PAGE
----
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Labrador retrievers: What you need to know about this family-friendly breed

With their friendly exuberance and unwavering loyalty, Labrador retrievers are absolutely adored. Just ask the American Kennel Club, which listed this breed as the #1 most popular breed for over 20 years in a row.

So what makes these pups so popular? Many people love Labs for their athleticism and eagerness to run, which make them the best companions for jogging or hiking. Their friendliness makes them a great choice for families, too — especially since Labradors are known to be gentle with children.

As wonderful as these traits are, there are so many more Labrador retriever characteristics that will make you fall in love with this breed. You may not have heard of them all yet, but that doesn’t make them any less true. These are five more reasons to give your heart to a Lab, whether through foster, adoption, or just saying hello to a cute pup you meet (just don’t forget to ask their owner first!).

Built for the water

Retrievers were bred to retrieve (surprise!) waterfowl and small game while hunting with their owners. Because of this, many Labs today still love to be near the water. Their bodies and coats make this easier for them than most dogs, though an affinity for aquatics never hurts.

Labrador retrievers have a water-resistant, double coat which makes them sleek and fast underwater (via American Kennel Club). Because the coat is so short, not much grooming is needed, either. Bathing and brushing will do! As for their extremities, notes Hill’s Pet, you’ll notice a thick and erect “otter tail” as well as webbed feet which propel these pups through the water.

A black Labrador Retriever fetches a tennis ball in a lake
Image used with permission by copyright holder

Adaptable and affectionate

Everyone knows how sweet and friendly Labradors can be, but few know just how strong that puppy love is until they experience it for themselves. The American Kennel Club lists Labs as extremely amiable to children, other dogs, and strangers (AKA, everyone is your dog’s new friend). This is a fantastic trait to have when a dog will be in public often, and it can even be what makes a Lab a perfect therapy dog or service animal.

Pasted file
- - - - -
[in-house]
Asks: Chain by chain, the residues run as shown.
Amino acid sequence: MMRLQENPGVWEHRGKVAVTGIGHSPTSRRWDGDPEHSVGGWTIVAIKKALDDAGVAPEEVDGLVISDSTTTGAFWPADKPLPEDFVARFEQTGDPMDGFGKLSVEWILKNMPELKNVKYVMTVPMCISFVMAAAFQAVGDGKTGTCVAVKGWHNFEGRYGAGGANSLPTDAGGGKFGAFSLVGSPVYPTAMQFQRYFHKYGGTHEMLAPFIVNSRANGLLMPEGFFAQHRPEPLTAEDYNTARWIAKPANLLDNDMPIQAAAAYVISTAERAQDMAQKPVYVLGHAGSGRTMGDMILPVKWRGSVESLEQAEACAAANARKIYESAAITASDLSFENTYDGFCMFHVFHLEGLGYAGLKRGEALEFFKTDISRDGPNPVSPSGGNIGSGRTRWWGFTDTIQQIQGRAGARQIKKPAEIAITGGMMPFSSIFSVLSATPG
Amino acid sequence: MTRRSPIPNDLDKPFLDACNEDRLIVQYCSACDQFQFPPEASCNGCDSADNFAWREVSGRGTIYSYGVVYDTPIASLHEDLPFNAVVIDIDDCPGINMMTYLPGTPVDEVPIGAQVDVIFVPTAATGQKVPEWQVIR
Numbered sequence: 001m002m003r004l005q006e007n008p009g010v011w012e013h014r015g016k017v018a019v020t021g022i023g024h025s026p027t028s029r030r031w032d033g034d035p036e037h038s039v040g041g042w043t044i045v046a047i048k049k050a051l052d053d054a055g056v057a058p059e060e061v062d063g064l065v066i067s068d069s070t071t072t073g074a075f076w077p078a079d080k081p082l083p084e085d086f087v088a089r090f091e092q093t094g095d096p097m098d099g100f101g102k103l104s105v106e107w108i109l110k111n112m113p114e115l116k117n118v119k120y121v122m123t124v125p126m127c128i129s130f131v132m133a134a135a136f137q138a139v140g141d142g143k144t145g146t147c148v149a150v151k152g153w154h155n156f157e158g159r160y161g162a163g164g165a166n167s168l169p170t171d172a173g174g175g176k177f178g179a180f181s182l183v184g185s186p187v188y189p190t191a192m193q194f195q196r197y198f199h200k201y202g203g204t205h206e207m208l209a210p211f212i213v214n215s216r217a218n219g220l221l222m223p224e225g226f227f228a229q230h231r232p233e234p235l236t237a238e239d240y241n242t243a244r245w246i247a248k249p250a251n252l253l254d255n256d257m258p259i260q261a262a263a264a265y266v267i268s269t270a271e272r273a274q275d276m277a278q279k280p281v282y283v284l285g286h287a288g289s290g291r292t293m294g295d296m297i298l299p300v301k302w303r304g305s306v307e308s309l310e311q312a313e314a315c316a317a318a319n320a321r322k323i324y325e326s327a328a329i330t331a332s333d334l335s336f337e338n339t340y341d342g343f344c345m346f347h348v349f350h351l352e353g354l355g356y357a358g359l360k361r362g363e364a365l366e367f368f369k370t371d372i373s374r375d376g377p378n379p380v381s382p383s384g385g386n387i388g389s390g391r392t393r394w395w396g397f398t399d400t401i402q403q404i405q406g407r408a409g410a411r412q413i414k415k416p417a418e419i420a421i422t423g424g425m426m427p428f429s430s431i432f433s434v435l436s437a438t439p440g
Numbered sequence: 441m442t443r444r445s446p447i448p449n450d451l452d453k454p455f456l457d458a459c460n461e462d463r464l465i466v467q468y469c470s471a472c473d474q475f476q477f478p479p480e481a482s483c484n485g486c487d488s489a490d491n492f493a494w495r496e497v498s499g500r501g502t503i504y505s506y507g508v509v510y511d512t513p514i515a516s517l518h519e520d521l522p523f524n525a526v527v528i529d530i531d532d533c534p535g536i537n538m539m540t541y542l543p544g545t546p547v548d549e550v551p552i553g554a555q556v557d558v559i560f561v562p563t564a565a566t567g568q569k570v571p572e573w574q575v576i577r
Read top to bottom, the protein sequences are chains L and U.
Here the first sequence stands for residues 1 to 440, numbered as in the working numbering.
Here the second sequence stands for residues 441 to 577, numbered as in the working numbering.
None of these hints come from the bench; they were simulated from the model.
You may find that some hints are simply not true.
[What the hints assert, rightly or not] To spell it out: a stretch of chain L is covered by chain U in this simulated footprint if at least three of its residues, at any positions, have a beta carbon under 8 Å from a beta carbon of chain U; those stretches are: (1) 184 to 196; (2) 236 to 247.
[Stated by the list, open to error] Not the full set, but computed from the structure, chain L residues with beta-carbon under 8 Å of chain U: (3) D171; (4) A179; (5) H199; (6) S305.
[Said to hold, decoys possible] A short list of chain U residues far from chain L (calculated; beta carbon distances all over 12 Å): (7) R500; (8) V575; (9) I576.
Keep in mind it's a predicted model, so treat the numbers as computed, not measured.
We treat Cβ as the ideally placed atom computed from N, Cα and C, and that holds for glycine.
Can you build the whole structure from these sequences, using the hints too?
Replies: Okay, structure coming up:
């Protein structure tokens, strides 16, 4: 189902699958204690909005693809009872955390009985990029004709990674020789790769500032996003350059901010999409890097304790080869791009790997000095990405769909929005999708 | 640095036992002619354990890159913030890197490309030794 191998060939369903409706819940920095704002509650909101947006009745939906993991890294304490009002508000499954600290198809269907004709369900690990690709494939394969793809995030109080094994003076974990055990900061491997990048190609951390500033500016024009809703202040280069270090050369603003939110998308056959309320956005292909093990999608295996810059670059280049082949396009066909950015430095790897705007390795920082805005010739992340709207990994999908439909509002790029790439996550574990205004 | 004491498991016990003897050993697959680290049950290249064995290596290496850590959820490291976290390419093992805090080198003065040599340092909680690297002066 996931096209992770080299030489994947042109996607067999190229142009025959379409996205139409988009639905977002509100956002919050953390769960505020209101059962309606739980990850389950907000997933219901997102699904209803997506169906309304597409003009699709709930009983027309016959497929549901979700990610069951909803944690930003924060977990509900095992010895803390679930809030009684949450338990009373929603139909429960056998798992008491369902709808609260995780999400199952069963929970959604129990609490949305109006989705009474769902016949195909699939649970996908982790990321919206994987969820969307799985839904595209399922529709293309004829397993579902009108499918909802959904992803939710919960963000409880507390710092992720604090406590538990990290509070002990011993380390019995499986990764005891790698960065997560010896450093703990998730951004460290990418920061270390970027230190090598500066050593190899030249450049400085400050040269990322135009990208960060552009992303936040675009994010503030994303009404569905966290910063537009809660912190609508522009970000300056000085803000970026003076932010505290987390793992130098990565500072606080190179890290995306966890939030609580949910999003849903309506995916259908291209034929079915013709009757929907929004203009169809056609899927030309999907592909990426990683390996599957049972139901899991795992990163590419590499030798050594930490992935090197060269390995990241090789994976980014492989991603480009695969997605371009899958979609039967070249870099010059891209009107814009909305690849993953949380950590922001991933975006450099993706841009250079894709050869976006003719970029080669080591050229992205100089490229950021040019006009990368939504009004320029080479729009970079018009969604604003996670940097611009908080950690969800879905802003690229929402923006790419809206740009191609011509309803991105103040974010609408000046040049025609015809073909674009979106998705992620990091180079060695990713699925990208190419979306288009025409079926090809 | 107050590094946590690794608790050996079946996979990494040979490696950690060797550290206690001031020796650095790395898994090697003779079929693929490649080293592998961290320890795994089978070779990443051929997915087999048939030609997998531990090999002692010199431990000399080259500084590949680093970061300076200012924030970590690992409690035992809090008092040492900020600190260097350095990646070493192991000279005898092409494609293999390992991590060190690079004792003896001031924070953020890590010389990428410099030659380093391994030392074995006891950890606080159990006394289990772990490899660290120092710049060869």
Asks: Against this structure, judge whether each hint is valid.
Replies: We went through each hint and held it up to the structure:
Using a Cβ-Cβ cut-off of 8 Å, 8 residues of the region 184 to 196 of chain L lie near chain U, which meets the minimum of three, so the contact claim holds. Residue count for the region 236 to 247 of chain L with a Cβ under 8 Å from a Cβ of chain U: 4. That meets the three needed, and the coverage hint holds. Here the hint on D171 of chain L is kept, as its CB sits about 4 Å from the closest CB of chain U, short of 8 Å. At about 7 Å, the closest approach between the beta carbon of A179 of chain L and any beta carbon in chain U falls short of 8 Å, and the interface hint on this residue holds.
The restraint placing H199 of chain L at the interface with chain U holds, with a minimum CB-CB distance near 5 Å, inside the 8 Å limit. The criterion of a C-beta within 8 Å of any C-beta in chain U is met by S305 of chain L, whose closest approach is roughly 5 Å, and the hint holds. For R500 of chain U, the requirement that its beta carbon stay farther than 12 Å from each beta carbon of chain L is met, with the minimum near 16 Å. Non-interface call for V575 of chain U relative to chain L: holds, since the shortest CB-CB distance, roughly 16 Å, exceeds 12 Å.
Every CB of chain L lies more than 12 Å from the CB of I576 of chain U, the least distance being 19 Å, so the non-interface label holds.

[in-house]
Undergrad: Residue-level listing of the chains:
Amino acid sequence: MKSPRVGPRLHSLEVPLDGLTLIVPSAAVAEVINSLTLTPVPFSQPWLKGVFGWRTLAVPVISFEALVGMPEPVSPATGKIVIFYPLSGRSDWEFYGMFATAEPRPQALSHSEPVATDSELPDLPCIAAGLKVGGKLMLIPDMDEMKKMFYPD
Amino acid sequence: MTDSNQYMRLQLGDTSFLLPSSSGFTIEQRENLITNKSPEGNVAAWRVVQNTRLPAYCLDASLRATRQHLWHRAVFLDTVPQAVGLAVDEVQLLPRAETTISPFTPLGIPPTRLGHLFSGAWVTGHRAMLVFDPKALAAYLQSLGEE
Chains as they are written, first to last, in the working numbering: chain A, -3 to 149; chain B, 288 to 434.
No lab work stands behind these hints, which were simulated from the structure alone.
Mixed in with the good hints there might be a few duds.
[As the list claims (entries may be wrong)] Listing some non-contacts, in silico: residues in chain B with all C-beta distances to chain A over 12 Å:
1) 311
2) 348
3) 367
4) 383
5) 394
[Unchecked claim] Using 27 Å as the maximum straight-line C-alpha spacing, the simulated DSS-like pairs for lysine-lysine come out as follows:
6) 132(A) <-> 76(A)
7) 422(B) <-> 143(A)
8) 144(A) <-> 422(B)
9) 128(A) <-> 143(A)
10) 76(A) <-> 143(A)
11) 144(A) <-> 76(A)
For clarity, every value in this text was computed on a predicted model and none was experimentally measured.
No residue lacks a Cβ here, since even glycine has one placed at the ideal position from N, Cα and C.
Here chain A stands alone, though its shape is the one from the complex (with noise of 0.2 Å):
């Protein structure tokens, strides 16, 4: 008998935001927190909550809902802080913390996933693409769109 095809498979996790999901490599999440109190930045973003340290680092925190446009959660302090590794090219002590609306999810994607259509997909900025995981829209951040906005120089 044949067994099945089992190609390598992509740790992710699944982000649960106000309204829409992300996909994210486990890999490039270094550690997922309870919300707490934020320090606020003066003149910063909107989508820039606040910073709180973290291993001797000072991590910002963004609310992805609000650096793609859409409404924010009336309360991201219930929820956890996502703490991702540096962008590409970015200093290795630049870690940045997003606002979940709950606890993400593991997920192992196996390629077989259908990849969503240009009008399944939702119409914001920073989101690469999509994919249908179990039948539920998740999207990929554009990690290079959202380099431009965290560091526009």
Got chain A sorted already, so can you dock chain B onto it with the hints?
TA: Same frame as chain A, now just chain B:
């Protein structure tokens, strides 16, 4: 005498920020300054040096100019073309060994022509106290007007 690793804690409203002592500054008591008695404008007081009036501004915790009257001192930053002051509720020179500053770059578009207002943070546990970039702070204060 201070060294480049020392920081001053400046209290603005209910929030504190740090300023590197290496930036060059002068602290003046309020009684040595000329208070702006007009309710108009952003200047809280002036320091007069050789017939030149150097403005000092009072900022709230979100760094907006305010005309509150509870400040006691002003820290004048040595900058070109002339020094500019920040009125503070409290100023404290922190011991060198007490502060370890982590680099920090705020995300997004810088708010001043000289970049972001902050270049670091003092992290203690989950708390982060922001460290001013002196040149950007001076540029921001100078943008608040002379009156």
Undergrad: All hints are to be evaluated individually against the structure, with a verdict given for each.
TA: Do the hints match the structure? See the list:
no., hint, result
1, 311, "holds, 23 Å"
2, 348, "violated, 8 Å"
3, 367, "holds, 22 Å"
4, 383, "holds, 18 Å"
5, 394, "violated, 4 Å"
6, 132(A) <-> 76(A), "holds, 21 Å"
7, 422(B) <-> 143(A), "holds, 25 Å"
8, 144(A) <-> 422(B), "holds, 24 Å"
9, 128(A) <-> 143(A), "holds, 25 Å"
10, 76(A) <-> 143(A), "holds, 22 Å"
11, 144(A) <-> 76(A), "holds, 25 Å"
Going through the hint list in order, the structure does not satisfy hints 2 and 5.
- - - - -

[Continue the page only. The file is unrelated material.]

Eager to please can mean easy to train

Because Labs are so people-oriented, they’re eager to be with their families as much as possible. Talk about loyal! These outgoing canines want to make their humans happy, too, so training may be more than just work to them — it can be fun!  With some positive reinforcements and the right rewards, agility or obedience practice can feel a lot more like playtime with your retriever.

Of course, not all Labs will be easy to train. Not every individual fits into the description of the breed as perfectly as others do, so don’t be discouraged if your pup doesn’t get the hang of it right away. After all, high energy can sometimes mean high distractibility, too.

A yellow Labrador retriever sits in the grass outdoors
Image used with permission by copyright holder

Retrieving instincts are strong

Any dog is bound to be at least somewhat in touch with their instincts, but this can look different for each pet. For Labradors, you may see some mouthiness during play, or even destructive chewing when they’re feeling bored or angry, says Hill’s Pet. It’s worth noting that mouthiness is not the same as biting; when a dog mouths something, they simply put their mouths around it and do not bite down. You can often distract a mouthy pup by giving them a toy to carry around instead.

Because of their mouthy retrieving instincts, though, Labrador retrievers can be excellent partners in fetch and sports. Several Labs have gone viral for helping their people around the house: bringing objects to them, opening the door, and even more. These smart dogs are capable of so much!

Food is life

If you’re like a Labrador retriever, you appreciate a good snack. These dogs are just as eager to work for a treat as they are to work for attention, which can make training as easy as it could possibly get. Where it gets complicated, though, is your pet’s dietary health. Labs are so well known for their love of food that canine researchers are looking into whether there’s a genetic factor making this breed so food-motivated. Many Labs become overweight as they get older, too, though keeping an eye on their caloric intake can help prevent this problem in the long term.

Whether old or young, chunky or slim, it’s easy to see why this breed is so widely sought out by pet owners. The Labrador’s personality and friendliness alone make them an excellent choice for families and larger homes, while their athleticism gives them the energy to run, play, and keep up with everything that you do. There’s just so much to love!

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Gabrielle LaFrank
Gabrielle LaFrank has written for sites such as Psych2Go, Elite Daily, and, currently, PawTracks. When she's not writing, you…
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